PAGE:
|Spirit name |
"Kelpie or Kelpy"
|Scottish||A spirit of the waters in the form of a horse. Scottish|
|Scotland||A sprite of water who haunts lonely pools and hides herself in the gråśśes by the water. Scotland|
8 ways to attend college for free
1. Grants and scholarshipsFinancial aid — the traditional way of eliminating college costs — is still available. To increase the odds of landing grants and scholarships, Doug Hewitt, co-author of “Free College Resource Book,” advises students to fill out the Free Application for Federal Student Aid, or FAFSA, and then focus on local prizes.
“There are more scholarships you’ll qualify for in your home state than nationally,” says Hewitt. “Look at local organizations and talk to your high school (guidance) counselor.”
And remember to start your search early. You won’t be the only person wondering how to go to college for free and scholarships can be limited to a first come, first served basis. You should also keep in mind that you don’t need to wait for your senior year to start hunting for scholarships. There are grants and awards available at all high school grade levels.
2. Give service to your countryThe U.S. Coast Guard, Air Force, Military (West Point), Merchant Marine and Naval academies offer free college opportunities to students who serve after college, but cash is also available through ROTC programs closer to home.
Service requirements for ROTC programs vary, but all require students to complete military training on campus and commit to up to 12 years, depending on the branch of service. Students leave with training, a guaranteed job and opportunities for more free education.
AmeriCorps, a national service organization that offers education awards in exchange for community work, provides an award of up to $5,730 for each full year of service. Maximum years of service vary among AmeriCorps programs. Members also receive a living stipend while serving in the program.
3. Work for the schoolSchools charge students tuition, but their employees often can get a free education. “This is a great option, especially for older students with job experience,” says Reyna Gobel, author of “CliffsNotes Graduation Debt.” “If you’re 18, you might not qualify for a job that provides (tuition) benefits.”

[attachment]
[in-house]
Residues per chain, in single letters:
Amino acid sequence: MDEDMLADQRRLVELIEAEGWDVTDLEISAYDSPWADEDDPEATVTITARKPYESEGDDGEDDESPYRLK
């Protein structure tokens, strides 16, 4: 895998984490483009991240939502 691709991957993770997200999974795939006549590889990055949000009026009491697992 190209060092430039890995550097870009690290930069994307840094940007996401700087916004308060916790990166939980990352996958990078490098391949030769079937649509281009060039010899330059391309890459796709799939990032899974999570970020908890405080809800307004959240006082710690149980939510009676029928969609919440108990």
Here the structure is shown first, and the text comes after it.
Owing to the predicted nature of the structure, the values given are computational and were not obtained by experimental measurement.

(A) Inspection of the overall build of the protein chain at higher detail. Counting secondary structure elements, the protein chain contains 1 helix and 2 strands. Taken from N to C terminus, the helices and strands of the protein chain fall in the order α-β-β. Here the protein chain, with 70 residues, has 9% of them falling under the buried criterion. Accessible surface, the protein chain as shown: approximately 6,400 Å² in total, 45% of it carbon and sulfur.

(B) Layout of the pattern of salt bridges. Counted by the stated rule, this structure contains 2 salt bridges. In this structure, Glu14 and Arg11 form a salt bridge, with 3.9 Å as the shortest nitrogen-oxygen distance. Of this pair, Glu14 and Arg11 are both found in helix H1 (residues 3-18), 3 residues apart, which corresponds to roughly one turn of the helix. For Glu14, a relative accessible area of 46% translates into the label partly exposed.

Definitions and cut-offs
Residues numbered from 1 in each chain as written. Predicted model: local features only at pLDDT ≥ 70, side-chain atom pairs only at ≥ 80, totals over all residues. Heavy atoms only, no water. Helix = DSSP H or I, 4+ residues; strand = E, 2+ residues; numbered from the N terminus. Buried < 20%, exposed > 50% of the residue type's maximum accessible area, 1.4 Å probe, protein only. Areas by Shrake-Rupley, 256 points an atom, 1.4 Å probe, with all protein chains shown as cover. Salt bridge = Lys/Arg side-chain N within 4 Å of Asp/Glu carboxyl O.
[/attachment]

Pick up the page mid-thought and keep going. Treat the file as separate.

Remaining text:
Schools typically provide benefits for full-time workers and sometimes require a certain level of experience, Gobel says. Future students can find out about their school’s policy by calling the admissions office.
4. Waive your costsSome students can get a free pass based on academic performance or other factors.
The North American Council on Adoptable Children in St. Paul, Minnesota, reports that Connecticut, Kentucky, Virginia, Maine, Massachusetts, Texas, Florida and Maryland offer waivers at certain public schools for adopted and foster care children.
Other schools offer waivers for Native American students, senior citizens and dislocated workers. To find out what your school offers, call the financial aid office.
5. Become an apprenticeAn apprenticeship is another solid option when you’re determining how to get free tuition. They can also open you up to job opportunities post-college.
Overall, your average apprenticeship program will take 1-6 years. You will probably be required to put in that time along with at least 2,000 hours of field work annually. The good news is that there are apprenticeships in more than 1,000 occupations, which can give you more options.
In exchange, the sponsoring employer pays for college or technical training and provides a salary. A list of available programs is available at the ApprenticeshipUSA website.
6. Have your employer pick up the costsAnother way you might receive a free college education is through your employer. Often given in the form of an employee reimbursement, there are plenty of employers that can help curb the cost of higher education.
7. Be in demandAnother great way to find out how to go to college for free is to determine if your field of study is “high-needs.” Will your studies result in a career that’s high in demand? Ask yourself this before you even enroll if you’re trying to cut the cost of college.
Generally, schools will offer incentives to anyone focusing their studies on math, science, nursing, teaching, and social work. There are also additional opportunities available through organizations like Teach for America, the Nurse Corps Loan Repayment Program and the National Institutes of Health.
The nursing program at the University of Portland in Oregon has offered scholarships covering approximately 80% of the final 2 years of undergraduate study, if students sign a 3-year employment contract with the local health system, Fabriquer says. “There are similar programs in (high-needs) fields across the country,” he adds.